If I would use the unadjusted p-values, I would simply do
1 - pvalue
to get the smallest pvalues to be the highest strengths.
Does that still hold after adjustment? Can I range the adjusted pvalues the same way?
A colleague told me one can't consider them the same way and I should then put the values between 0.5 and 1. I am not sure why.
Any clue on what to do?
I am doing a fourth-corner (co-inertia on 3 matrices to evaluate relationships between two matrices) and the analysis is known to increase the occurrence of false positives (multiple comparison). It is advised to adjust the p-values with the False Discovery Rate method.
However, I wonder how to evaluate whether to use non-adjusted vs. adjusted p-values.
A colleague and the literature mentioned that there is no strong basis whether or not to adjust p-values but that it mainly depends on the results.
What are the results supposed to look like so that you know if you should adjust the p-values or not?
I would like more opinions on this. :)
I plan to use the p-values further in my analysis as an indicator for relationships between my variables and will change the range so that it represents strong and weak relationships (X - pvalue).
As non-adjusted pvalues range between 0-1, I would do 1- non-adjusted pvalues.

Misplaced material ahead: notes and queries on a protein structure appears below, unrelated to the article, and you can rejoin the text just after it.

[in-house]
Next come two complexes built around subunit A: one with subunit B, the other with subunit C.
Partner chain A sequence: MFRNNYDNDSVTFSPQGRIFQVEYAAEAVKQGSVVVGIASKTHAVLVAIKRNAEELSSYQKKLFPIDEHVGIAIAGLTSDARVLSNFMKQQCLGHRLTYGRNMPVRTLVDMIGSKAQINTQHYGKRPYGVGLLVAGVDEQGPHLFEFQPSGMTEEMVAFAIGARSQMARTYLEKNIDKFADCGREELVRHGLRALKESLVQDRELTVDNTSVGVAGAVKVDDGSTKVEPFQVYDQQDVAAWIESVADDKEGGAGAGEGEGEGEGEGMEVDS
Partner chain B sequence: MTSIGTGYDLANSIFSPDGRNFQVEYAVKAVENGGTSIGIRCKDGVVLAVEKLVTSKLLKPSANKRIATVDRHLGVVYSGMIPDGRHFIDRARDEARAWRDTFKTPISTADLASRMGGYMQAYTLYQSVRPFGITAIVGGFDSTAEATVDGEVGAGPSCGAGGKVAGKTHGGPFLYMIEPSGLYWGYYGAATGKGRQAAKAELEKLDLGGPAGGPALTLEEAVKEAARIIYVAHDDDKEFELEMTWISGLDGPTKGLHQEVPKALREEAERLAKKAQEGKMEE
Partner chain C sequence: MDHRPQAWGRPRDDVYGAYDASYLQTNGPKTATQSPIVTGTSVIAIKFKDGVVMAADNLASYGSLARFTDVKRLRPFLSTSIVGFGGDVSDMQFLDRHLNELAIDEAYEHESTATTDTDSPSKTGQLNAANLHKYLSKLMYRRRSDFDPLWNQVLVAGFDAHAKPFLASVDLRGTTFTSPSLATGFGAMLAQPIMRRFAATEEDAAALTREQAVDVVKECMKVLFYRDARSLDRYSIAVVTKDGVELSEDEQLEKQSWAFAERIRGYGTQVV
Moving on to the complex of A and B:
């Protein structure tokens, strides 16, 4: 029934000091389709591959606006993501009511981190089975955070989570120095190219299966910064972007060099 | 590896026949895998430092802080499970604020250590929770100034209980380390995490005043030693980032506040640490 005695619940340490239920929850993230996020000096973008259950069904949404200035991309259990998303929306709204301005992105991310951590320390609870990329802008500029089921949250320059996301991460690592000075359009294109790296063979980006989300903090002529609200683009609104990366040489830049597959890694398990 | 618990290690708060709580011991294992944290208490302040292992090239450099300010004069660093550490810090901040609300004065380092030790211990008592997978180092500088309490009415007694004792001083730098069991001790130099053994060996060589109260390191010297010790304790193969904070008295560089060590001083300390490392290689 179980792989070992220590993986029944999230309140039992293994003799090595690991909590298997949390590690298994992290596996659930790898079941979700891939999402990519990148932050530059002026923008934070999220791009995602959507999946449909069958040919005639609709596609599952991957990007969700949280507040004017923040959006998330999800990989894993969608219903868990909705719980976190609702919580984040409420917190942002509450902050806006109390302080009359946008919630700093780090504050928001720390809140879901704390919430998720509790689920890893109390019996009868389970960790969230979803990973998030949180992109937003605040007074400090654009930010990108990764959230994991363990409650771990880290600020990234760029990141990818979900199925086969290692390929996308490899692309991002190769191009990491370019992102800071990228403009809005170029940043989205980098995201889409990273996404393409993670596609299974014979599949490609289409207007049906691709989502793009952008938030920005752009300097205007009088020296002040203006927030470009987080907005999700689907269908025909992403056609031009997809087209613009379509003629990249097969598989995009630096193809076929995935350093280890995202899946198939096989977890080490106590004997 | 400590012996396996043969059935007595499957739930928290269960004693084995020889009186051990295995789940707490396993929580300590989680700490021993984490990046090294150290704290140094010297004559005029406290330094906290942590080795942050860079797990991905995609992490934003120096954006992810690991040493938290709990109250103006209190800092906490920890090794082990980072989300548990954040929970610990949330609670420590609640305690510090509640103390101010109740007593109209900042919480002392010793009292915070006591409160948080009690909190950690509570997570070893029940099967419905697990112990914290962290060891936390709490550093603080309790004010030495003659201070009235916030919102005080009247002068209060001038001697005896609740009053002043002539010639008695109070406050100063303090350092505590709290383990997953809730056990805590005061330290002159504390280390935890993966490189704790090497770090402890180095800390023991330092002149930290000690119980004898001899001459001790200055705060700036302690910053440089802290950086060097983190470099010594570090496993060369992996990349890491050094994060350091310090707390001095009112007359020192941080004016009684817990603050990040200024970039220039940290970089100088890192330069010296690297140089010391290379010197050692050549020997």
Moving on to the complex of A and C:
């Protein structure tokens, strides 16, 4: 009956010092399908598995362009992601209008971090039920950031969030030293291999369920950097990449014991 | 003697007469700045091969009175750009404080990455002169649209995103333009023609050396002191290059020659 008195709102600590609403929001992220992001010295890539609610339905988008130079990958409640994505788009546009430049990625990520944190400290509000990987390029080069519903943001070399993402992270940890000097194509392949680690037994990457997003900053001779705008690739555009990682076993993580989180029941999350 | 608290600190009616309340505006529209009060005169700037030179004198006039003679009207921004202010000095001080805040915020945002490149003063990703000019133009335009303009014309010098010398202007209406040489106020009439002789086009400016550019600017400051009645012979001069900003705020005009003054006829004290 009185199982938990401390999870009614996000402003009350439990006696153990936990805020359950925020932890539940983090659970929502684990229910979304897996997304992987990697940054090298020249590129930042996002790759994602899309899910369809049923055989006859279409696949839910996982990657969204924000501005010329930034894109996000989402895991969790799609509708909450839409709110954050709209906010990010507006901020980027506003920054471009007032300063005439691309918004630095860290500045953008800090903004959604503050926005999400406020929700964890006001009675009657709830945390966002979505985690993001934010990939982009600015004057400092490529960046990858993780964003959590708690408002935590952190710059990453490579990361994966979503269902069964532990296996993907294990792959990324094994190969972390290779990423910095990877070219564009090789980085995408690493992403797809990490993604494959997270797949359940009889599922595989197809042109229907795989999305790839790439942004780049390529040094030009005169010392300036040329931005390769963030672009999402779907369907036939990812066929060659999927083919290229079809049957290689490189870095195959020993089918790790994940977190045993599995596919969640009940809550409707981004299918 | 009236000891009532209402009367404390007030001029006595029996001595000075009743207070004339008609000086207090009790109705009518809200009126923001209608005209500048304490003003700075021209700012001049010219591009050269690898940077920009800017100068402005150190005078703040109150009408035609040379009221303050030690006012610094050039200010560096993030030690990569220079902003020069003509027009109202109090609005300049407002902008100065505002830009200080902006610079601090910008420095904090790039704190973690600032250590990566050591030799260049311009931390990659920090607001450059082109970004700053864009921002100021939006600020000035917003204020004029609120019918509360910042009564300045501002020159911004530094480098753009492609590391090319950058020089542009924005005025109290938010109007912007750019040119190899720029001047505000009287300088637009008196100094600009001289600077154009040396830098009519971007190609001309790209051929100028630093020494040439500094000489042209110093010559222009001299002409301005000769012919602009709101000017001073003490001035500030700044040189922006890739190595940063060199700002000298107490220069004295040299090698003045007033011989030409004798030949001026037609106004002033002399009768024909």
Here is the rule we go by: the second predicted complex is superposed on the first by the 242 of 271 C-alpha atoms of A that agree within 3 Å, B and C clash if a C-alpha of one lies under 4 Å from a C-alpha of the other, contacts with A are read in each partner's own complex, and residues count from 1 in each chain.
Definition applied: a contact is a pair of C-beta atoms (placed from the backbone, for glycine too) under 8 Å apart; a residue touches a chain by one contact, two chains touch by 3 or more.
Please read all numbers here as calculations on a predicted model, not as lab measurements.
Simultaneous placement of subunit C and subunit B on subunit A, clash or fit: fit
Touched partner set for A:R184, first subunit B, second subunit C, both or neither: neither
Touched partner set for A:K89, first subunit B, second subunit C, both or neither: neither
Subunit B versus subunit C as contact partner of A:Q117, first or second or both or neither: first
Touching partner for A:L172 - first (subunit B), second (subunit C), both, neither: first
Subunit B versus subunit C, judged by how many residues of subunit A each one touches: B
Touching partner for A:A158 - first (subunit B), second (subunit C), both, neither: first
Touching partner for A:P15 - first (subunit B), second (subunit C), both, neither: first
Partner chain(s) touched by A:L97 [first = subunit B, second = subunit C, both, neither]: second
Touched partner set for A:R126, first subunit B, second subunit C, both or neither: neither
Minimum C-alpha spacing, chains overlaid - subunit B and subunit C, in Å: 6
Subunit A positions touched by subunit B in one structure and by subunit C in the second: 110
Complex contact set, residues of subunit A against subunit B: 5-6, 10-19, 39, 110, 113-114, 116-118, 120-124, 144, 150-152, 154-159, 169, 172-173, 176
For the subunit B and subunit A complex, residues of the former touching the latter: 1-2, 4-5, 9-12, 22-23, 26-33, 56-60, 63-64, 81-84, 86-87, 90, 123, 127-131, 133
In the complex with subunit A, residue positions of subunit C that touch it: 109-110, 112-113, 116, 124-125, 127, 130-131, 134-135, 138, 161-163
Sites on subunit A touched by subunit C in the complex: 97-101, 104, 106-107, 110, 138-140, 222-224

However, my colleague mentioned (if I understood) that for adjusted pvalues, the range should go from 0.5-1 from the significant p-values. I am not sure why though and not sure I grasp how my non-adjusted pvalues relate to the adjusted counterparts.
Any lights on this?
Thanks in advance,
Since I started doing regular science communication on my website OceanFact and on the related social medias, I have observed a large increase in my reach and the reads for my scientific publications.
Who does regular science communication (more than going to conferences and talking to your peers)? Did you observe a similar increase?
I love reaching out to a lay audience. It is so nice to get feedbacks and comments through the mailing list. :)
Since I started the facebook group for the project, the interactions with other biologists and science communicators have brought so many good ideas and projects. Science communications ideas and research ideas. 🎉
What do you do to communicate your science?